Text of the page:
The owner of the Grant-Deneau Tower at 40 W. Fourth St. wants to convert the tower into a mix of uses. CORNELIUS FROLIK / STAFF

2 downtown Dayton projects face tough competition, coronavirus challenges

Two downtown Dayton projects that are seeking millions of dollars in state historic tax credits planned to create new hotel rooms and other uses.

But they face heavy competition for the incentives from projects across the state and their request comes during one of the worst financial periods in the history of the hotel industry due to the coronavirus pandemic.

The American Hotel & Lodging Association recently said record low hotel revenues and occupancy rates are not expected to return to 2019 levels until at least 2022.

The developer of the Grant-Deneau Tower, Dayton’s first modern skyscraper, says it may have to reconsider the hotel part of its project and might instead expand its spaces for offices and apartments.

But the group redeveloping the Barclay Building on North Main Street says it is confident hotel demand will rebound and its product will be a welcome addition downtown.

“With an anticipated opening Q4 2021, we believe that the recovery will be well underway and that hotel demand will eventually exceed previous levels,” said Stephen Schwartz, chairman of First Hospitality, which is co-developing the project with Lawyers Development.

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More than 50 developers across the state have applied for state historic preservation tax credits in the latest round to help finance historic rehabilitation projects.

Applicants have requested nearly $79 million in tax credits, which far exceeds the less than $27 million the state currently has to award. Awards are expected to be announced in late July. Two projects in Dayton applied for incentives, and one in Piqua.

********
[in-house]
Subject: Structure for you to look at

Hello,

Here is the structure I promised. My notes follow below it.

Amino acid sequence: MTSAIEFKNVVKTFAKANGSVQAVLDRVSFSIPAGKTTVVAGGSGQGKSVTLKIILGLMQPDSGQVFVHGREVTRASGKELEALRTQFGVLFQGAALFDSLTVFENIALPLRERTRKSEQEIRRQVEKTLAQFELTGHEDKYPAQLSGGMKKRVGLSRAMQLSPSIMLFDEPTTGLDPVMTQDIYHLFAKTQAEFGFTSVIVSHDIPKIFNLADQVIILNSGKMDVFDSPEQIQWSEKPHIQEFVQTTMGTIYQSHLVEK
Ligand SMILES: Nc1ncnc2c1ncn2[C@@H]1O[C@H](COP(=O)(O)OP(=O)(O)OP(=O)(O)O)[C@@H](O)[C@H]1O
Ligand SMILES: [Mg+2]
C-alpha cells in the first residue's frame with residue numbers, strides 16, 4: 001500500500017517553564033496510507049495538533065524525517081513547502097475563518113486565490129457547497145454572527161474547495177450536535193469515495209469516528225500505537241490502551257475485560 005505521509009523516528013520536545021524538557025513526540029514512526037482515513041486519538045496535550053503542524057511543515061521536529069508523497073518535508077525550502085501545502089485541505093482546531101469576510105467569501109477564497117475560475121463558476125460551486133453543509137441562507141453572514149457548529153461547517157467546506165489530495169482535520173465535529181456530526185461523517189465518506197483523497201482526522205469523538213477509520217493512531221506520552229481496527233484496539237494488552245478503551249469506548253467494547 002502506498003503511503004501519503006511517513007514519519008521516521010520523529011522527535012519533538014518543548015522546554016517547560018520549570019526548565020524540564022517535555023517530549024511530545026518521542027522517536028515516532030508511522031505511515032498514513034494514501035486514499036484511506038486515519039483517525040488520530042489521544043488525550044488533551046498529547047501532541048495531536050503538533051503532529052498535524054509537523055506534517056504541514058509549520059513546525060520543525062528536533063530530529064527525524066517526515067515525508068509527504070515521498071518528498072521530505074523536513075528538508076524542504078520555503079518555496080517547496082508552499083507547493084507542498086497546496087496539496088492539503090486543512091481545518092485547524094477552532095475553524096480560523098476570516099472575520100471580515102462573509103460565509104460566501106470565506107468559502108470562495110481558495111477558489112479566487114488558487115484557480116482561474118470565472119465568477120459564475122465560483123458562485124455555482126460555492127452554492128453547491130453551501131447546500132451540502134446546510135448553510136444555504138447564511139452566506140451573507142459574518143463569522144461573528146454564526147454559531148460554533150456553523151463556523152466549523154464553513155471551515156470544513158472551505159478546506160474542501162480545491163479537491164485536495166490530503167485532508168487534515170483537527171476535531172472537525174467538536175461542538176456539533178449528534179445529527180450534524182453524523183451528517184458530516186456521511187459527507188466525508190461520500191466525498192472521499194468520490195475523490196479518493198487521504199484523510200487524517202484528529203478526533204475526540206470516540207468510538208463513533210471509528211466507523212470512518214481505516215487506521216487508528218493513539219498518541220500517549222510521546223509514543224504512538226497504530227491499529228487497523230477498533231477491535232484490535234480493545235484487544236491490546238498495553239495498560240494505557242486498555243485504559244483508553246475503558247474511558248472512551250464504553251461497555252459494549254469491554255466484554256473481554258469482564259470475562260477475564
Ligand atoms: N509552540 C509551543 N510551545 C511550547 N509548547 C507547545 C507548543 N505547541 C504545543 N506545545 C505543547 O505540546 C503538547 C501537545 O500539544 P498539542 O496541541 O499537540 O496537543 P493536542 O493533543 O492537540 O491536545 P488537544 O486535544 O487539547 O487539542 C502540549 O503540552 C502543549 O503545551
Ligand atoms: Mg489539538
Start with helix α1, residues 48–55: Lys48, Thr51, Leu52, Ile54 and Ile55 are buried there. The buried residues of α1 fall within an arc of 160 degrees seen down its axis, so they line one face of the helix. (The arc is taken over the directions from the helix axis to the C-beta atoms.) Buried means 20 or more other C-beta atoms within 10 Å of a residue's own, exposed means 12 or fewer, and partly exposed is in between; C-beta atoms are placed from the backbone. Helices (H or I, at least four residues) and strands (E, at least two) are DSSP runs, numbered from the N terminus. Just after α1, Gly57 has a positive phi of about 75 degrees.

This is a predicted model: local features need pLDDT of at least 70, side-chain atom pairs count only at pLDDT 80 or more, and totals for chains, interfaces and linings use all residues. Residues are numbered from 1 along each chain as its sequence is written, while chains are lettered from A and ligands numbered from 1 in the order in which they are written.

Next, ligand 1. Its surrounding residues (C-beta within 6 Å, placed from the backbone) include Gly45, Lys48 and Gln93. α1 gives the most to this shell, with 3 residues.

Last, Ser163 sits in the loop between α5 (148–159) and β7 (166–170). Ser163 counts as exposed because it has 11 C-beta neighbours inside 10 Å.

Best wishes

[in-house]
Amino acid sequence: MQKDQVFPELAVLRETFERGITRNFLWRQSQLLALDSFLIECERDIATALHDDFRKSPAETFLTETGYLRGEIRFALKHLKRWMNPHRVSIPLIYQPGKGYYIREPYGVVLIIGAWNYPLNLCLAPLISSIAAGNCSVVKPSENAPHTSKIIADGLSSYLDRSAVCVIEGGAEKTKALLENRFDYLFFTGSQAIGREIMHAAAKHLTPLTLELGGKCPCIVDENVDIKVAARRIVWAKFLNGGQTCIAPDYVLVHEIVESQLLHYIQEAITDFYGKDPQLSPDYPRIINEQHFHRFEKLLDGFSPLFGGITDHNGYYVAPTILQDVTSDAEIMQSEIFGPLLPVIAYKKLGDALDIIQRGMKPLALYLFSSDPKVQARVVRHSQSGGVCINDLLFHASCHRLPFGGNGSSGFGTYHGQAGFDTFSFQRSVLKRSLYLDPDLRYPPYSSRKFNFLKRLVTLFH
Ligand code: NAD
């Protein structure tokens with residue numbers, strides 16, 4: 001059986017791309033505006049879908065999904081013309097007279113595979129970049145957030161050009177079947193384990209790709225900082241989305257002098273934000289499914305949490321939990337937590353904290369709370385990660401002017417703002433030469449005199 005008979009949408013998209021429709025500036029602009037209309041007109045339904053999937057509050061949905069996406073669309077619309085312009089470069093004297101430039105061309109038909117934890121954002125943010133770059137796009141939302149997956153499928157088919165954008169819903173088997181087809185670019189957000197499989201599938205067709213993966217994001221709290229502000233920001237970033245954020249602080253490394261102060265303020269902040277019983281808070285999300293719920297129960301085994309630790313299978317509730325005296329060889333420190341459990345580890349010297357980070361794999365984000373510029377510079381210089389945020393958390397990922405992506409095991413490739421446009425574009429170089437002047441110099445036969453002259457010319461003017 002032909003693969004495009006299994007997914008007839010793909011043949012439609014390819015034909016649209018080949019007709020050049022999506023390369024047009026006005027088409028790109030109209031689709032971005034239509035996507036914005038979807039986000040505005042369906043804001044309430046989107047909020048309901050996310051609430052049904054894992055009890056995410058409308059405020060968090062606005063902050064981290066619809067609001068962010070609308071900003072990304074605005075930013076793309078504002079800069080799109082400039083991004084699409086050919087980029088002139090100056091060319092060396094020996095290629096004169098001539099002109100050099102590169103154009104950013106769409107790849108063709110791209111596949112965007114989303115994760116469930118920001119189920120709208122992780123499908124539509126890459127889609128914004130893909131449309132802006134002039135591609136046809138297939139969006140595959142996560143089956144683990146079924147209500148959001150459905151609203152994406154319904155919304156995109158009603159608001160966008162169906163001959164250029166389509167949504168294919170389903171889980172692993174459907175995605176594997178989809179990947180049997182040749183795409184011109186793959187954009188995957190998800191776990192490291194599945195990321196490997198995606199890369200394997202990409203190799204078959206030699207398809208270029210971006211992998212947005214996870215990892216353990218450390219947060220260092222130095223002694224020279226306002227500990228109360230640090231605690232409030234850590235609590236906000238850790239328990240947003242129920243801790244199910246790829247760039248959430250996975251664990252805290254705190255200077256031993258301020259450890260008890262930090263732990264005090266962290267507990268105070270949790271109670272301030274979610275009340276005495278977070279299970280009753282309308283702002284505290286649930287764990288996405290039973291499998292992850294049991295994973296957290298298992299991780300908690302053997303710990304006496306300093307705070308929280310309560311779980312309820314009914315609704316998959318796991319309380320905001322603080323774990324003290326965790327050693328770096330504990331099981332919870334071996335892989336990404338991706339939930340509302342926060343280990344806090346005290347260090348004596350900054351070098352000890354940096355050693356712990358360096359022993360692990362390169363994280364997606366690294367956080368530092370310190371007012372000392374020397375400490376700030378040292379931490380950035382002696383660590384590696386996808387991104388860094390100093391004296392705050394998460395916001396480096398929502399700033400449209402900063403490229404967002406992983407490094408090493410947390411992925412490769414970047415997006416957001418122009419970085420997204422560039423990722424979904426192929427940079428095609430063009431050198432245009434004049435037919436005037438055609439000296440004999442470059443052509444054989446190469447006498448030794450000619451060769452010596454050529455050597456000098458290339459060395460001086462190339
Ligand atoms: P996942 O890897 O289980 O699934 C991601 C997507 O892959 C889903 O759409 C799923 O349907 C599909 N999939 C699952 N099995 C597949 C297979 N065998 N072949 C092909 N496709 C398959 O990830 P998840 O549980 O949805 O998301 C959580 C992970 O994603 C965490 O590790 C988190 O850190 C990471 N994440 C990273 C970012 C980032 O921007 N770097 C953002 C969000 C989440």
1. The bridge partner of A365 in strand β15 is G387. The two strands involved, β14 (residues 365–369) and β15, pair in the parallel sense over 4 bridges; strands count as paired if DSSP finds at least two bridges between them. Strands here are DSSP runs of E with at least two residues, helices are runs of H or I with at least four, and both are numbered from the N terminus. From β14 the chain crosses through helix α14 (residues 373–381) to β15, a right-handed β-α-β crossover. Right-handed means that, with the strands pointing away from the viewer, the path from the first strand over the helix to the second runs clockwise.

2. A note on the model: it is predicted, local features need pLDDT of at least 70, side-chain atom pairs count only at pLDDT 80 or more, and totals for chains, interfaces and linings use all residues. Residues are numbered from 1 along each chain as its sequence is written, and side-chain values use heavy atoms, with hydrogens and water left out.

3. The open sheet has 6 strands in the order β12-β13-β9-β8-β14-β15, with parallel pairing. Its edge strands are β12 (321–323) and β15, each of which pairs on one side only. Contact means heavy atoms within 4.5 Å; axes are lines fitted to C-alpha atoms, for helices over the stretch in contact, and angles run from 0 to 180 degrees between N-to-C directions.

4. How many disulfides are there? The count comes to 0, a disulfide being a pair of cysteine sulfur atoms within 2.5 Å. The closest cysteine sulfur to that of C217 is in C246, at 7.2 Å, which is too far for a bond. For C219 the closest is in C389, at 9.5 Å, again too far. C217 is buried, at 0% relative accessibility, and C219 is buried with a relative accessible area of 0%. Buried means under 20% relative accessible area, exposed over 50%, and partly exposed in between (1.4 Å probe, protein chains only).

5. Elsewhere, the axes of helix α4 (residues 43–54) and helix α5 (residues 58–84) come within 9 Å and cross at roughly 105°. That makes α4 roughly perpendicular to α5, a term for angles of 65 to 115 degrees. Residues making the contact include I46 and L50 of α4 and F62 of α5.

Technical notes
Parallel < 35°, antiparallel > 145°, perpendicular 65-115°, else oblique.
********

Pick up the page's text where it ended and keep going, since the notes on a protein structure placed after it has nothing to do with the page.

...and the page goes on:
Windsor Tower LLC says it plans to invest nearly $39 million to renovate the Grant-Deneau Tower at 40 W. Fourth St.

The developer, who is transforming the nearby Fire Blocks District with the help of historic tax credits, says it has secured about $22.5 million in bank financing and $3 million in investor financing for the project, according to its Ohio Historic Preservation Tax Credit application.

Windsor Tower has requested more than $3.8 million in state historic tax credit incentives to close what it says is a financing gap to make the project a reality.

Constructed in 1969, the Grant-Deneau Tower is a 22-story building that has been deemed so historically significant that it was placed on the National Register of Historic Places years before it normally would qualify.

Windsor says it wants to create about 100 new market-rate apartments in the building on floors 12 to 21.

Floors one to six will be for a future tenant, the company said, and the top floor is expected to become a leasing office and event and community space.

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Floors seven to 11 will be used by Hotel Capital LLC, which is a private equity real estate management firm, according to the tax credit application.

Eric VanZwieten, head of marketing for parent company Windsor Companies, said the plan was to create new hotel rooms in the office tower that would have a boutique-kind-of feel.